When you are young, everything seems like a game—at first. How bad can the consequences be, when your parents are always there to bail you out, either literally or figuratively?

I sat with Burns in his office. He looked over the annual report. “His credentials are quite good,” he said. “He’s been an insurance investigator since 1967.”

“He has some awards on his wall,” I added.

He nodded. “Let’s try to find out what they are. The question is, what happened to his report?”

The city had not released the report. It only released a brief one-paragraph summary stating an investigation was ongoing and the loss of life was “regrettable.”

“Does your mother have a copy of the report?” he asked me over the clacking of typewriters and the rumbling of the big presses with the word GOSS on them.

I didn’t bat an eye. “I don’t know,” I said. “I can ask.”

“At least if she can tell us how long it was, how many pages. Even that would be of interest.”

On the way home, all I could think of was the fact that he had used the word “Let’s.” It felt like I was a co-conspirator in a great adult adventure.

Mom was more upset than usual when she came home from work. I knew I would not have to ask her what was going on. It would come out of her soon enough. “Mr. Bardolet was so cranky today,” she said as she spooned the mashed potatoes into a big bowl. I scowled; I could see the big lumps in them. “He just seemed mean.”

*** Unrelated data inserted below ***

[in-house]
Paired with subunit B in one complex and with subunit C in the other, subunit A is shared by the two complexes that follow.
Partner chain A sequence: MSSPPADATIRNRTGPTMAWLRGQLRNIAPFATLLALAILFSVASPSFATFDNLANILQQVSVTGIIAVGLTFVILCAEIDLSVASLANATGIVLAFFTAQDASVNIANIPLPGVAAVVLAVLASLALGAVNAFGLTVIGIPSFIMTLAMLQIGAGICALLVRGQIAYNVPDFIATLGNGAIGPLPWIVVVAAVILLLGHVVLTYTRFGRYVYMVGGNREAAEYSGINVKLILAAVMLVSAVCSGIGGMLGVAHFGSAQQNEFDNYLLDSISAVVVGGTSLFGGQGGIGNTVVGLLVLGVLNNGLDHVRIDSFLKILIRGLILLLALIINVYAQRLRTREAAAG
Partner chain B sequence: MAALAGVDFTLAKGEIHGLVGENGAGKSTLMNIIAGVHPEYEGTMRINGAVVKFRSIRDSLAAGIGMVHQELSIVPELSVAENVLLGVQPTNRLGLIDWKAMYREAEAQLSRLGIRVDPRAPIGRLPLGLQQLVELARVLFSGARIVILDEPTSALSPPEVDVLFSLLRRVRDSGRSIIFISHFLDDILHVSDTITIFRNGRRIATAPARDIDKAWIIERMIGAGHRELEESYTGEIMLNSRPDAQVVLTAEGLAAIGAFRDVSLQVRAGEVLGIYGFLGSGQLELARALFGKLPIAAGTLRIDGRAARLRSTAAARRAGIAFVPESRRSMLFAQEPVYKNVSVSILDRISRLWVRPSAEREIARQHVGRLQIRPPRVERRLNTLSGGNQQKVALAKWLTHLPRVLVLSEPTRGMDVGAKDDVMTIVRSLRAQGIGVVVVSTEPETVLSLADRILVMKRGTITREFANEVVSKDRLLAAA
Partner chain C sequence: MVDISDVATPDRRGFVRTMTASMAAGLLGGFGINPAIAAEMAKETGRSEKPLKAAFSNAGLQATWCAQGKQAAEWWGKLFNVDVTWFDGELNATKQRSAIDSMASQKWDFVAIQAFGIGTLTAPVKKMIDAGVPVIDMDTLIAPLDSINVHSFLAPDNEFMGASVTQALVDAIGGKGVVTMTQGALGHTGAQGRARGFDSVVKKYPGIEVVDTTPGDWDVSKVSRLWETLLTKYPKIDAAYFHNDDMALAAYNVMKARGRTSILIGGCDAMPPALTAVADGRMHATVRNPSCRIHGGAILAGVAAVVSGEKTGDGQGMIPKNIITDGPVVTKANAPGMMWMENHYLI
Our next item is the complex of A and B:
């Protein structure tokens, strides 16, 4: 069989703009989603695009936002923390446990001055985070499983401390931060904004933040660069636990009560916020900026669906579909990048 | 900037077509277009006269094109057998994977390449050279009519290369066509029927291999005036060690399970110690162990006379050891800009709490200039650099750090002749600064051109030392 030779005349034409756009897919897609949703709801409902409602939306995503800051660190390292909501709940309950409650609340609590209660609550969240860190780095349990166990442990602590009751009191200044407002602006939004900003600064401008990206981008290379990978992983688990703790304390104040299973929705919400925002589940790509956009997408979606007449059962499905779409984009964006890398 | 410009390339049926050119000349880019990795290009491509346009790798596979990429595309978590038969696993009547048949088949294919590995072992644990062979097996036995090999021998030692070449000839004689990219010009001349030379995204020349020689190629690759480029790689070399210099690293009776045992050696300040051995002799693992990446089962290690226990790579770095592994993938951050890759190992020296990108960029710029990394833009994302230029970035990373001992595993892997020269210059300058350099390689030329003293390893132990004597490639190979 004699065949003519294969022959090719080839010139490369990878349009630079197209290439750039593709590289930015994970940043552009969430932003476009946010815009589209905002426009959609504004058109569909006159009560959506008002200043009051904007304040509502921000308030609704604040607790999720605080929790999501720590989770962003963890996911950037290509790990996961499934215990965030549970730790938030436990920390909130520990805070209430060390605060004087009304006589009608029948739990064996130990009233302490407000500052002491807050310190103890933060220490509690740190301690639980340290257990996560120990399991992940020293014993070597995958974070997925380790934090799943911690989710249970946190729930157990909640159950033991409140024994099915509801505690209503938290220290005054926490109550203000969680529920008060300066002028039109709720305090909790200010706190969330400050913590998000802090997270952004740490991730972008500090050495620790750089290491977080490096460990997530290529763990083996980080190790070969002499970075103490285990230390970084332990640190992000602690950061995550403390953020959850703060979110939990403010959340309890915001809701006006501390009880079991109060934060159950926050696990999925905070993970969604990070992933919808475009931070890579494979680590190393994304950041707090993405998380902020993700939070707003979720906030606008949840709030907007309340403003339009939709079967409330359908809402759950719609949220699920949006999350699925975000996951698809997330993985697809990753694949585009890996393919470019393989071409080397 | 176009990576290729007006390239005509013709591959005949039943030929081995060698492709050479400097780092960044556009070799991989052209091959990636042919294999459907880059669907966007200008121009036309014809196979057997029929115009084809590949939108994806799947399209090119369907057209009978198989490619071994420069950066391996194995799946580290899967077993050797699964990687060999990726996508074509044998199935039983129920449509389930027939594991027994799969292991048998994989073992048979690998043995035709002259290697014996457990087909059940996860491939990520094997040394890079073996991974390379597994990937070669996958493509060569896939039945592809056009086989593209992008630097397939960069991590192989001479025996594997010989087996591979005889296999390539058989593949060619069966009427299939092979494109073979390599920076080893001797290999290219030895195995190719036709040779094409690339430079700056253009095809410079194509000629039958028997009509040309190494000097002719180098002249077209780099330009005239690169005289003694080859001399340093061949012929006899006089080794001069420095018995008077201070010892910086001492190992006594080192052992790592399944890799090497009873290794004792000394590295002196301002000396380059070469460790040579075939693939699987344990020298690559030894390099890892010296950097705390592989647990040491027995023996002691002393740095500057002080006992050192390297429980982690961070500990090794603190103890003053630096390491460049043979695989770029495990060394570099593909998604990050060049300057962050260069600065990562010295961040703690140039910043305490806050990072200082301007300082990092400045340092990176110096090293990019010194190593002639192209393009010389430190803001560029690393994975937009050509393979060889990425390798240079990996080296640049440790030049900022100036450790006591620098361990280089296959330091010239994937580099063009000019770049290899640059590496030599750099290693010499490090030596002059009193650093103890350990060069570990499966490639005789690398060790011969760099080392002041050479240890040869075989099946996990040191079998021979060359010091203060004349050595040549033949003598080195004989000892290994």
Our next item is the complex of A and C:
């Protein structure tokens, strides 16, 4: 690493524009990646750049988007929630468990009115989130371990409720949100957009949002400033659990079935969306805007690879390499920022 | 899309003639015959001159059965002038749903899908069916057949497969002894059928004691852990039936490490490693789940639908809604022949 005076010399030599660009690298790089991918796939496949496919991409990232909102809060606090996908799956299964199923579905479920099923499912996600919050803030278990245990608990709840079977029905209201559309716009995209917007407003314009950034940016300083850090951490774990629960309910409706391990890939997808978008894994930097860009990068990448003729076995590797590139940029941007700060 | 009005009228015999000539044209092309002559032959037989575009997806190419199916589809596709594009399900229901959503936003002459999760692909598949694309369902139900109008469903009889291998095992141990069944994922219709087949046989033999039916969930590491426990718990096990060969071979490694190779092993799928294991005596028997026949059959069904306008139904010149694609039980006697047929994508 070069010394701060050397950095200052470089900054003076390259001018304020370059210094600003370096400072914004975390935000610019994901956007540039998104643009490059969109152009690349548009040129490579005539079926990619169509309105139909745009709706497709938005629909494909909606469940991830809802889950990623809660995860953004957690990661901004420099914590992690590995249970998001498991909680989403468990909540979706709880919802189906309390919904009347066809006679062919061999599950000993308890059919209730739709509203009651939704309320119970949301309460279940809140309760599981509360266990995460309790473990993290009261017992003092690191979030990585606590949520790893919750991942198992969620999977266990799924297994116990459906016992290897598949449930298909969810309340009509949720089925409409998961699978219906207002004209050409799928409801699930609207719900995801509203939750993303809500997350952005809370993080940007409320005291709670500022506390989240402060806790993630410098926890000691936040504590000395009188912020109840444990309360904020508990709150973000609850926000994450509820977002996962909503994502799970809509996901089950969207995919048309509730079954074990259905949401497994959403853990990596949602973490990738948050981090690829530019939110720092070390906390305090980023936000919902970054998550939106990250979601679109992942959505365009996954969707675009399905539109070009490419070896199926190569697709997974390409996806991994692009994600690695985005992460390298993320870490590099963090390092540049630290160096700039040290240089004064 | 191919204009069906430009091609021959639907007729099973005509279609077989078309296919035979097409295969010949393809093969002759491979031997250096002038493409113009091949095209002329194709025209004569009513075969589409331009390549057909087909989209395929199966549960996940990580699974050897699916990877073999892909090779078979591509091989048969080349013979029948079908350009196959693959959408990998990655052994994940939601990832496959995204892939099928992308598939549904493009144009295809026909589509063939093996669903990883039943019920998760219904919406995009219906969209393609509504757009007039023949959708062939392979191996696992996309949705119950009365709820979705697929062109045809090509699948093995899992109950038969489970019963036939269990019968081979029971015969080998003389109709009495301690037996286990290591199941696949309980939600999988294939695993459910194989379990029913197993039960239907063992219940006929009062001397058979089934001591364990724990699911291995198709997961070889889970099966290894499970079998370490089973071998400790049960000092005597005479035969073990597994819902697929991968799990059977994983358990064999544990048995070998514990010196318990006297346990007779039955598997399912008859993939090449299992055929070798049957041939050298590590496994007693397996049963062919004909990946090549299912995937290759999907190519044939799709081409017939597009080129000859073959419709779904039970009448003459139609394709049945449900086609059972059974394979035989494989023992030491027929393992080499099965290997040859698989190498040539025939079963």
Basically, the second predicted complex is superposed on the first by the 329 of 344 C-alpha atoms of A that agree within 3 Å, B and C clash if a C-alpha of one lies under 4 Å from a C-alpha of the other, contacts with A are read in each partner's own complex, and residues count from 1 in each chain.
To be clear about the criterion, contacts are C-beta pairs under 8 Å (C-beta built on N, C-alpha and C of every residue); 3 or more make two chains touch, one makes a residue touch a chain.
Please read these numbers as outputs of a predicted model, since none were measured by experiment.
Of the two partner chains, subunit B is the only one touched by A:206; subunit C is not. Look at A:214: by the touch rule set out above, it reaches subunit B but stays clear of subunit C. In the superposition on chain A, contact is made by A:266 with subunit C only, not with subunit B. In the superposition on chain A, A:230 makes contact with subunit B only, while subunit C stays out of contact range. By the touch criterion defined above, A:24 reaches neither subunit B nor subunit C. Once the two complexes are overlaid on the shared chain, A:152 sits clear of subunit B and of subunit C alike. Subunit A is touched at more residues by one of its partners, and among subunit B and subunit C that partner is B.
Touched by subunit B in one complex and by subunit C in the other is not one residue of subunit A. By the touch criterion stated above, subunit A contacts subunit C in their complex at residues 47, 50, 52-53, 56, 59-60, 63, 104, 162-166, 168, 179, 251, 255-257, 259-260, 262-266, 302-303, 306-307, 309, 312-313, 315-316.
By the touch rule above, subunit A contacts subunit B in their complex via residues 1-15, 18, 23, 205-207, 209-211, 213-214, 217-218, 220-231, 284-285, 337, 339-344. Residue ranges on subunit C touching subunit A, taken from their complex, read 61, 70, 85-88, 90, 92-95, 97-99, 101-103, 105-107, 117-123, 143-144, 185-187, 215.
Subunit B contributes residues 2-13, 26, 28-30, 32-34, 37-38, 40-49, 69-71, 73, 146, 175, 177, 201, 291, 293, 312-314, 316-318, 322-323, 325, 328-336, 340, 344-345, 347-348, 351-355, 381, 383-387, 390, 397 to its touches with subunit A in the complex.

“Something’s bothering him. It doesn’t have anything to do with you,” said my sister. She had begun to work part-time at the same insurance company. “It’ll be all right.” She was always trying to smooth things over, no matter what the problem.

“You want me to waste him?” said my brother. Everything that came out of his mouth had a sense of menace and threatened violence. “Waste” was being used in some movie of the time and was the current catchphrase. We all looked at him for a second and went on eating.

“Maybe it has something to do with that report about the fire,” I ventured, maneuvering my spoon around the lumps in the potatoes. “The city never did anything with it. Maybe that’s what’s bugging him.”

“I should have never said anything about it,” said Mom.

“That was a pretty long report, though,” I said. “Do you remember how long it was?”

“Eighteen pages, it was a long one,” she said.

“Maybe you should stop asking about it,” said my brother, glaring at me.

“Yeah, Greg, Mom doesn’t want to talk about it, and besides, all the reports are confidential.”

“It’s not confidential if the report is for the city. Everything having to do with the city is a public matter.” I had heard Burns say this once. I knew I wasn’t going to get any farther with this. But I got the bit of information I needed. And that was what caused the trouble.

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